Unfortunately in Pakistan, many constituencies are developed only on the basis of whether or not they voted for a particular party — usually the one that is in government. And if they did not, then, more often than not, they get left out of development schemes. This politicisation of development has to end. Every Pakistani needs a school, a basic health unit, access to clean drinking water, gas, electricity, roads and so on.
The whole concept of MNAs and MPAs being given funds for carrying out development work in their constituencies needs to end. For instance, I recently investigated the state of my own development schemes and, much to my dismay, found that, in most instances, they are incomplete (sometimes less than half the work has been completed) and shoddy building material has been used.
When I meet these people, I try to explain to them that they wouldn’t need to scream for basics and be living a life of squalor if their leaders were sincere. And the sense I get of how the people feel as a result of these exchanges is that they know that their national wealth is being squandered and looted and they are fed up. But they don’t know how to revolt against this corruption, and they also don’t know who will lead them.
For this, they need to be able to distinguish between sincere leadership and those who simply use the votes of the electorate for their own material interests and gain. To prevent this from happening, development funds should not be given to MPs directly. A separate mechanism should be devised, which ensures that they are used in a transparent manner. And if there is any embezzlement, then those who squander them should be held accountable and made to reimburse the national exchequer.
Published in The Express Tribune
As Libya joins Egypt, there is continued talk of revolution and a need for change in Pakistan — ironically, from all those sitting in the power corridors. Whilst traditional politicians might want change to increase their power, the new breed of politicians and the populace want change because they feel Pakistan has a dysfunctional democracy. A democracy where rules are not followed. It is clear that if rules were followed, there would be wealth creation, development and justice for all. It seems that all this hue and cry is for a semblance of functionality of an existing parliamentary democracy versus an overthrow of the same.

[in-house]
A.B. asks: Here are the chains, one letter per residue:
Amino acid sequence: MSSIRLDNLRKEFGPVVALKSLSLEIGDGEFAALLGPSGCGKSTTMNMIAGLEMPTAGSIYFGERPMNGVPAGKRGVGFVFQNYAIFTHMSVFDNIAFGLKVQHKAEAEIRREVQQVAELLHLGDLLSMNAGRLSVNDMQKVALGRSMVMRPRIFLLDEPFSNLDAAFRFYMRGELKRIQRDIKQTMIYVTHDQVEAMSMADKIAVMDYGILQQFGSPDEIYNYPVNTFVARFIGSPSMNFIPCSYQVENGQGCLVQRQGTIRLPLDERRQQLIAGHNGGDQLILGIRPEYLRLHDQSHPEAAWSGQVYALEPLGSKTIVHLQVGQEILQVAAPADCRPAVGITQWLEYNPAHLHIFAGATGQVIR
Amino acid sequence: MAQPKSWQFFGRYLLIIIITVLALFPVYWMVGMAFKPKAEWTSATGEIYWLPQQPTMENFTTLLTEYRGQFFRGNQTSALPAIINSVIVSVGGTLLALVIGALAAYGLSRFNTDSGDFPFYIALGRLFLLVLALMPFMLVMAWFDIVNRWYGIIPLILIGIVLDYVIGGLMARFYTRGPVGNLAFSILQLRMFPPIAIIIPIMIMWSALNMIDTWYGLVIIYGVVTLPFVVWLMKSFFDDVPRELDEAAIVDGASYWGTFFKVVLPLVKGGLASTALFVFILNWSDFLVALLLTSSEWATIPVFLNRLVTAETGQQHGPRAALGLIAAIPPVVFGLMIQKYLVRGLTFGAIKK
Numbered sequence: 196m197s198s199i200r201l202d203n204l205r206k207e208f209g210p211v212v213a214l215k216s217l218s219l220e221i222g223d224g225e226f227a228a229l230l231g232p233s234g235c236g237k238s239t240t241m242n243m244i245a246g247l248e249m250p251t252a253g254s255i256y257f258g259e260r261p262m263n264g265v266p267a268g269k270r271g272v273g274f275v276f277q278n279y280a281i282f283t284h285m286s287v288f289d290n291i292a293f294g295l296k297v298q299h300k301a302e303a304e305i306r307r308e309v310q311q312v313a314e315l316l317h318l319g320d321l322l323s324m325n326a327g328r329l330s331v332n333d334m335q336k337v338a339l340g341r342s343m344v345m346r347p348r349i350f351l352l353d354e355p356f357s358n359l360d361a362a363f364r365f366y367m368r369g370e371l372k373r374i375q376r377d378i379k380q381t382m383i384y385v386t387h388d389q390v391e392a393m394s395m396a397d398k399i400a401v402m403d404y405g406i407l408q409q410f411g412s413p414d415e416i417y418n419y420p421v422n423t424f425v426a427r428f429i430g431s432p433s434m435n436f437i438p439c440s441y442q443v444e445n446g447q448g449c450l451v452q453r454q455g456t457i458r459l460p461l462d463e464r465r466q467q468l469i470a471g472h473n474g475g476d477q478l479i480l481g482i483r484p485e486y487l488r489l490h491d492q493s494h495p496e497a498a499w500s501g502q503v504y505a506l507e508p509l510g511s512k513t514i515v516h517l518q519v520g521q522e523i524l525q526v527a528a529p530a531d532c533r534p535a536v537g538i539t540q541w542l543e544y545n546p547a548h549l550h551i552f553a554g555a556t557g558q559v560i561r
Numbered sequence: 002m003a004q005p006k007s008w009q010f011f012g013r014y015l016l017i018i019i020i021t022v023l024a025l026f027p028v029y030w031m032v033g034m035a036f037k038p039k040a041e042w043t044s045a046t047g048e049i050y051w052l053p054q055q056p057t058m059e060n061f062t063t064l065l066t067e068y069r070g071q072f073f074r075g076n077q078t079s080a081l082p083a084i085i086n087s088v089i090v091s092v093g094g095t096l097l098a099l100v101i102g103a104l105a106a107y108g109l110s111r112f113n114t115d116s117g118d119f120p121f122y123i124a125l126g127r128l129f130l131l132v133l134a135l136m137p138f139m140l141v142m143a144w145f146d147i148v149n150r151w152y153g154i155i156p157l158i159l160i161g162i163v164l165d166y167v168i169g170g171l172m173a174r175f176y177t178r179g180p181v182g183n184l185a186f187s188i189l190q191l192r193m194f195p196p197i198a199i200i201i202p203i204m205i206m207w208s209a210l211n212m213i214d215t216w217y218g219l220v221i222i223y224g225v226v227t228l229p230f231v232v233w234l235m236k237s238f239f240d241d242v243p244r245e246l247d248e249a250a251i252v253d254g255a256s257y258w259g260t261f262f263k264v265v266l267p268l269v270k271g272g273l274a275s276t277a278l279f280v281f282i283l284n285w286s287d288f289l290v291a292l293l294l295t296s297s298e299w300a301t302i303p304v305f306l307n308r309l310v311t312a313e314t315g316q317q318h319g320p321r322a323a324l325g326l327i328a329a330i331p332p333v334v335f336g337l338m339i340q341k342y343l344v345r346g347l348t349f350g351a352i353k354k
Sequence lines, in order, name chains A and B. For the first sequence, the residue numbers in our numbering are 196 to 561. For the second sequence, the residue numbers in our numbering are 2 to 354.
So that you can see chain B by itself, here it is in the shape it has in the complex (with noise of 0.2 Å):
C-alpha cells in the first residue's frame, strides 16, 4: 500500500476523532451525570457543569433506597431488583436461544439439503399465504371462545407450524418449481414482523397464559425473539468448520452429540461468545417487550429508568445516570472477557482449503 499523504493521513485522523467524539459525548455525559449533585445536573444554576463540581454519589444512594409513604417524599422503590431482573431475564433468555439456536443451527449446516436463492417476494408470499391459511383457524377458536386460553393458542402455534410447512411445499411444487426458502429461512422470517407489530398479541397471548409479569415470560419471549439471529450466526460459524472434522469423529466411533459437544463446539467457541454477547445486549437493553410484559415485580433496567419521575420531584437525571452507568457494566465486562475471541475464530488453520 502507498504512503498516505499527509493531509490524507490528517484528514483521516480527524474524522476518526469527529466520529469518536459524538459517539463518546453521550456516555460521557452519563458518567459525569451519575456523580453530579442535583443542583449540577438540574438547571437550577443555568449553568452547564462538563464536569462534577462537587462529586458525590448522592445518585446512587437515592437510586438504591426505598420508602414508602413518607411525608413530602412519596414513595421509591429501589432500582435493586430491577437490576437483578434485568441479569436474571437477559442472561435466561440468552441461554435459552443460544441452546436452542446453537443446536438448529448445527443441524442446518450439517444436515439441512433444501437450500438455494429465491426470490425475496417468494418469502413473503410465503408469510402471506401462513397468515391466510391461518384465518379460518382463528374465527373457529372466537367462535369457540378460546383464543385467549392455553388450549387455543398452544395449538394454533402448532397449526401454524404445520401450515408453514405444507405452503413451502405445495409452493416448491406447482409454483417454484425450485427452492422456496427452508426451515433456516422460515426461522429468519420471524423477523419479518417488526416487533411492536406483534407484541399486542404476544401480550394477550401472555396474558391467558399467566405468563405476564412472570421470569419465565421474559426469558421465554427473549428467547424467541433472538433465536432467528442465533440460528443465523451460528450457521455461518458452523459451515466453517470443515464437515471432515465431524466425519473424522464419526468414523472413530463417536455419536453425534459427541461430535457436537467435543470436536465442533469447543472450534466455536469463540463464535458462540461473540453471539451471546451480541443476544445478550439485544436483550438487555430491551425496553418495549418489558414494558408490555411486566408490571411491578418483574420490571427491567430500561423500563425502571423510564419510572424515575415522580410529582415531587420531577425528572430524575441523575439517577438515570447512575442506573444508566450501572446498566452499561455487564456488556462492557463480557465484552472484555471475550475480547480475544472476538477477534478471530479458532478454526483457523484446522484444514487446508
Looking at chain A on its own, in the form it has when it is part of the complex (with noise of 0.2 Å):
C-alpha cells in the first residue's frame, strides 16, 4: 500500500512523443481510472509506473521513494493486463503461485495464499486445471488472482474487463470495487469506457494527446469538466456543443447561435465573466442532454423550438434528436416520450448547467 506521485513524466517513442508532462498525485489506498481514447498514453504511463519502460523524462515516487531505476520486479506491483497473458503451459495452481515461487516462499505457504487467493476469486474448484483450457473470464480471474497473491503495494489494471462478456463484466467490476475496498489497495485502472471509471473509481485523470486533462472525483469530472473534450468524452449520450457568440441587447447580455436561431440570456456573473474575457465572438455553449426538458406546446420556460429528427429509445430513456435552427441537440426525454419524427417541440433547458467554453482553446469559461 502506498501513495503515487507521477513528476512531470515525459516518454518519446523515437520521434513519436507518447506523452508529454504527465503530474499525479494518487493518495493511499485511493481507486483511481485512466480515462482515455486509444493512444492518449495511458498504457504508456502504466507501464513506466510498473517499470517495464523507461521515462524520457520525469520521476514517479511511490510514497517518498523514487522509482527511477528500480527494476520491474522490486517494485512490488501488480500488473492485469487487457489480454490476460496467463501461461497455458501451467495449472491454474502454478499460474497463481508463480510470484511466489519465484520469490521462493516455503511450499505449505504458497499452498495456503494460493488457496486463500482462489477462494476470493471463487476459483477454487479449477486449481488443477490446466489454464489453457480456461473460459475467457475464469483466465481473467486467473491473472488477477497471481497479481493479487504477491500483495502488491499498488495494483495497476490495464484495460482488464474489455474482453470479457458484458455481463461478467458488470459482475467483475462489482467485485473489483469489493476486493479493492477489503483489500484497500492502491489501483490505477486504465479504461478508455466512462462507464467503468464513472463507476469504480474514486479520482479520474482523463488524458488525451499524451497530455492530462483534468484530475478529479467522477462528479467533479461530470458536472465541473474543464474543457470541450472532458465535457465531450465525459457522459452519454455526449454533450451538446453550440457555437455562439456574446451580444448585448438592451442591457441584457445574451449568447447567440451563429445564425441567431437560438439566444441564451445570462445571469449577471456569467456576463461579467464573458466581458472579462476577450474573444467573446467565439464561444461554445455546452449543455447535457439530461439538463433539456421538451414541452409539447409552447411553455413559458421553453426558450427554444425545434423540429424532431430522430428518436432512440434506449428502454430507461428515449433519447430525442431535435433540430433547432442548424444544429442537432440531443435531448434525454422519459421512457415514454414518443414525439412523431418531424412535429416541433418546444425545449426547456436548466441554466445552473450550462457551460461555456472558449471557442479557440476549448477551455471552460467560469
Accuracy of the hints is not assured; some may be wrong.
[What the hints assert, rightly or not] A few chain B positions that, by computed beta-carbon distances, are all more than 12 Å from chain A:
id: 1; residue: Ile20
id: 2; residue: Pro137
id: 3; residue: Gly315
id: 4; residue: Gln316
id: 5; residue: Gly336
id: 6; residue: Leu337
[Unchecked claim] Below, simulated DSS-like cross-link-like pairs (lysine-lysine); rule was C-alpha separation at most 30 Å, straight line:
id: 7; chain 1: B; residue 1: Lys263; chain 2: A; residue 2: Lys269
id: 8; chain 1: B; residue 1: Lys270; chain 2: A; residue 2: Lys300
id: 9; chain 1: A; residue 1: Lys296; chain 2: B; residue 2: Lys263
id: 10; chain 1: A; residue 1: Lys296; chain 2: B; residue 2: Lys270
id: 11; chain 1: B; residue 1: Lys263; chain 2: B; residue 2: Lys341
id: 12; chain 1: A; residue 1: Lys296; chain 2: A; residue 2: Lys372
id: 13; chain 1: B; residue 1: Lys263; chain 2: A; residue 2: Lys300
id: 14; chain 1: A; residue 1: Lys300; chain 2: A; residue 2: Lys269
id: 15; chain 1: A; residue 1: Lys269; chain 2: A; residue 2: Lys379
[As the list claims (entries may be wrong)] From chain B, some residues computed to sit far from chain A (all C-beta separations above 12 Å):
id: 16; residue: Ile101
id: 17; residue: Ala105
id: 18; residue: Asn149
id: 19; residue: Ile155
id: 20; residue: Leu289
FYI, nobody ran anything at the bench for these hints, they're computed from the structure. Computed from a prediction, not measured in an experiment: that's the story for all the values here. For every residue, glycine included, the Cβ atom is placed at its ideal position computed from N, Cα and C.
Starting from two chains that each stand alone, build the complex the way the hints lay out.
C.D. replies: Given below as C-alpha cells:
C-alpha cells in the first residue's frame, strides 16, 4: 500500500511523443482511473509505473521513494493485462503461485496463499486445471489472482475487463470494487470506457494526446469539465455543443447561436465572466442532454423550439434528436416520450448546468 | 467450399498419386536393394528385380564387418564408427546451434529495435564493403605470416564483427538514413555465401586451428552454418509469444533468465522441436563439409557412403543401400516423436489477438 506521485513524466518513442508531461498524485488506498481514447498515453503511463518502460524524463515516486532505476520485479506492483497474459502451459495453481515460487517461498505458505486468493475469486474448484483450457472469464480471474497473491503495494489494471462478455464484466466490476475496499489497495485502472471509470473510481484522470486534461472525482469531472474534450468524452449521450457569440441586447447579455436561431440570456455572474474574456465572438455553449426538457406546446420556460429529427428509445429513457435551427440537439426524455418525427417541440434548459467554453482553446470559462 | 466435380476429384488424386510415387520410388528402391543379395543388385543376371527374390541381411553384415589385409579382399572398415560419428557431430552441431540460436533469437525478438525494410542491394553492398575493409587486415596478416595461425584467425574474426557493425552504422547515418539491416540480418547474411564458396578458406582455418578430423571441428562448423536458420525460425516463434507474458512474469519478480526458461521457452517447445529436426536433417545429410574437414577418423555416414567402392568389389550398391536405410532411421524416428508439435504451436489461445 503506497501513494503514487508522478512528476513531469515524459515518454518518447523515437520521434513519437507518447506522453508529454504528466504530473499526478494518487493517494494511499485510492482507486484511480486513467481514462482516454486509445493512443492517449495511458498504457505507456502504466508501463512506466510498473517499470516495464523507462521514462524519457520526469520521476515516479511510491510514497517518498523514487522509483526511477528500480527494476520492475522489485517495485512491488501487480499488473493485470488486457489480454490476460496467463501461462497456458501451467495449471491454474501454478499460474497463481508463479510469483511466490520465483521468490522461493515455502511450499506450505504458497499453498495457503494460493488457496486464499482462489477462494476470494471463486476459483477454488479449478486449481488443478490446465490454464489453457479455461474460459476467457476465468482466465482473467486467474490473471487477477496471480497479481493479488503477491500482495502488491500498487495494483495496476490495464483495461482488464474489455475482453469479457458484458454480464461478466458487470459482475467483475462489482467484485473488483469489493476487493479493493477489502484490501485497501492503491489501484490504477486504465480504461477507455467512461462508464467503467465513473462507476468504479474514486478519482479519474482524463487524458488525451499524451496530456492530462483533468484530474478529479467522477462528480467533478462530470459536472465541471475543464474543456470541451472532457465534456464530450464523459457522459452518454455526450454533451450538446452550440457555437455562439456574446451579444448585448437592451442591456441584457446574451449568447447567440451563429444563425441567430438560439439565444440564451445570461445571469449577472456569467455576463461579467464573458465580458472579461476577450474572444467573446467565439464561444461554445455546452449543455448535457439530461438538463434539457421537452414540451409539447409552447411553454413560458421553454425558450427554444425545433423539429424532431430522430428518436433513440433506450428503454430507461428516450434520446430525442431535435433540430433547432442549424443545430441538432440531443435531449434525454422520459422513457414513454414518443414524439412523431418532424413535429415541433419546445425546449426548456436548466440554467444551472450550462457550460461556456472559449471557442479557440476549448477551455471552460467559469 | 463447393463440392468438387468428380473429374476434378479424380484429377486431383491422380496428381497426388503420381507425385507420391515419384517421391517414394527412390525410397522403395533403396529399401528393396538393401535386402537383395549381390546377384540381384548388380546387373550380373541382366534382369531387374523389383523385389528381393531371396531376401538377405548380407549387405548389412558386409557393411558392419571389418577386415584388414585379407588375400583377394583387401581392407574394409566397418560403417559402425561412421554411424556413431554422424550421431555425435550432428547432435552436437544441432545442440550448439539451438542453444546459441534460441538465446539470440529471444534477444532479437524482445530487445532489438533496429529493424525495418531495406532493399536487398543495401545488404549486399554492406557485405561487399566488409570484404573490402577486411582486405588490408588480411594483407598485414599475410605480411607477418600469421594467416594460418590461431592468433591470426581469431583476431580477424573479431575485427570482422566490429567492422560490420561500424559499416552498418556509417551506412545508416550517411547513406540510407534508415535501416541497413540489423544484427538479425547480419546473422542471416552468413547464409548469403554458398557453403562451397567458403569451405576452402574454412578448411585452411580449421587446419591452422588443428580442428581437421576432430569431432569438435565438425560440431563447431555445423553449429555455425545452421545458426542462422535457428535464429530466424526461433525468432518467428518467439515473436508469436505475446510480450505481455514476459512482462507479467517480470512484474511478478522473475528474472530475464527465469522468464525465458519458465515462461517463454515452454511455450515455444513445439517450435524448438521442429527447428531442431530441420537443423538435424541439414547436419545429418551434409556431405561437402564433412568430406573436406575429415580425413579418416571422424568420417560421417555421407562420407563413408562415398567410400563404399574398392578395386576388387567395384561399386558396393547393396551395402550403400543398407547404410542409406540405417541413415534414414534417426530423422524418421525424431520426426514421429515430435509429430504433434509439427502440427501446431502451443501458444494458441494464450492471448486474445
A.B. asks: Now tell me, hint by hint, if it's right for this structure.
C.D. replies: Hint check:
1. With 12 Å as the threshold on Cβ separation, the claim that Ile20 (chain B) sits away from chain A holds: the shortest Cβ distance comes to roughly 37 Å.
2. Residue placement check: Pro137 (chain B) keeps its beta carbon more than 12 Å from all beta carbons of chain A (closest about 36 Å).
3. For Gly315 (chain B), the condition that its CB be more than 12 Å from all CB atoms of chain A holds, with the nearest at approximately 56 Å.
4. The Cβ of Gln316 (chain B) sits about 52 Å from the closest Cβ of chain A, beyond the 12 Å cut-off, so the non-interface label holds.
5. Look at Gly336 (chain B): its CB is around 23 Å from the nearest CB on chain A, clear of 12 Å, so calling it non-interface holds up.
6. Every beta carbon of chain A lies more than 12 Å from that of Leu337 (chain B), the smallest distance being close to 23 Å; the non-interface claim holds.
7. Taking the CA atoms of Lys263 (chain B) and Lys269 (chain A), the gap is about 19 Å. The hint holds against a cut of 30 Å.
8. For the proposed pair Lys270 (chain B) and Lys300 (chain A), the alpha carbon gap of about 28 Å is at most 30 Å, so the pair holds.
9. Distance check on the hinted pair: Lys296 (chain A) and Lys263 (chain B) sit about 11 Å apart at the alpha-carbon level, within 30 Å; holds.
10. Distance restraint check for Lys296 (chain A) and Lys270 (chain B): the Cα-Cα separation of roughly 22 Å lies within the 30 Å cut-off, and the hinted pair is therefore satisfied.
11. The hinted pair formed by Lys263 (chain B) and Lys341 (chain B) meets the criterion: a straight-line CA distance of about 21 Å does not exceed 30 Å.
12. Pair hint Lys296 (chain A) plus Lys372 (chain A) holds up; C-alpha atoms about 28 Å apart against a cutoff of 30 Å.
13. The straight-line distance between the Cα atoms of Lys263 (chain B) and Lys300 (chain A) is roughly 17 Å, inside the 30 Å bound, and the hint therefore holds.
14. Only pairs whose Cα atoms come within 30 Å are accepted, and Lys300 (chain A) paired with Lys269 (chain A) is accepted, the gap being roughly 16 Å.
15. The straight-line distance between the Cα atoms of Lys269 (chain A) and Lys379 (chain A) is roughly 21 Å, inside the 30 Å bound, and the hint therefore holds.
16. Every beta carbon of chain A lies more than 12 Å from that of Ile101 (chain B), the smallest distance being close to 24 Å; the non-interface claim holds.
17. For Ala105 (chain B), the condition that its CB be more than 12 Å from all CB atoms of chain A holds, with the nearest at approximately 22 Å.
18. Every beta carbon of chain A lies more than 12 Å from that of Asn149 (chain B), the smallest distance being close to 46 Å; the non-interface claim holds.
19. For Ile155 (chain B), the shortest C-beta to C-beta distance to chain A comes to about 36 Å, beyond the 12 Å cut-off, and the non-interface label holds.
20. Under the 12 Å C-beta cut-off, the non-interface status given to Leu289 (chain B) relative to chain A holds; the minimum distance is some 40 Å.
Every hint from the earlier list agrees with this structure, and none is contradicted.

Amidst the day-to-day protests and power games of traditional politicians, we are losing sight of the bigger picture. Whilst there is much talk of revolution, there is not enough talk on what needs fixing and how. There needs to be a clear realisation of which state functions need immediate improvement in order to get Pakistan out of the failed states list. These have been eloquently listed by the authors of Fixing Failed States, Ashraf Ghani and Clare Lockhart. The book says that lawmaking is a crucial function of the state. The more clear, transparent and equal the rules are, the better the governance will be. The more internationally tuned the rules, the more globally acceptable the state. The second is that the state needs to establish legitimate control over the use of violence. The third is that administrative control needs to be managed by government professionals who are accountable to the citizenry and recruited transparently.
Sound management of public finances, through which efficient collection and allocation of resources among contending priorities is done, is also a requirement. Another point stresses on the importance of investment in human capital, terming it the key towards the formation of a middle class. The sixth point states that creation of citizenship rights through social policies is critical to stability and prosperity. Citizens must have mutual rights and obligations. Another point adds that provision of adequate infrastructure services is necessary, especially to avoid spatial inequalities and areas of exclusion. Market integration is only possible when infrastructure is seamless. The book also stresses on the formation of markets and the creation of an enabling environment for the market. It says further that management of public assets should be utilised for the collective good as opposed to benefitting only a handful of people. Another factor is that effective public borrowing and not extending public borrowing limits is an important indicator of fiscal strength, domestically and internationally.
When Pakistan can manage all the above tasks in an efficient and coordinated way, then the failed state status can be avoided and the sovereignty gap filled. The change that we are chasing, the revolution that we are dreaming of, needs for all these state functions to work seamlessly for the people. The fix-it team needs to just get this list right in order to deliver a developed Pakistan.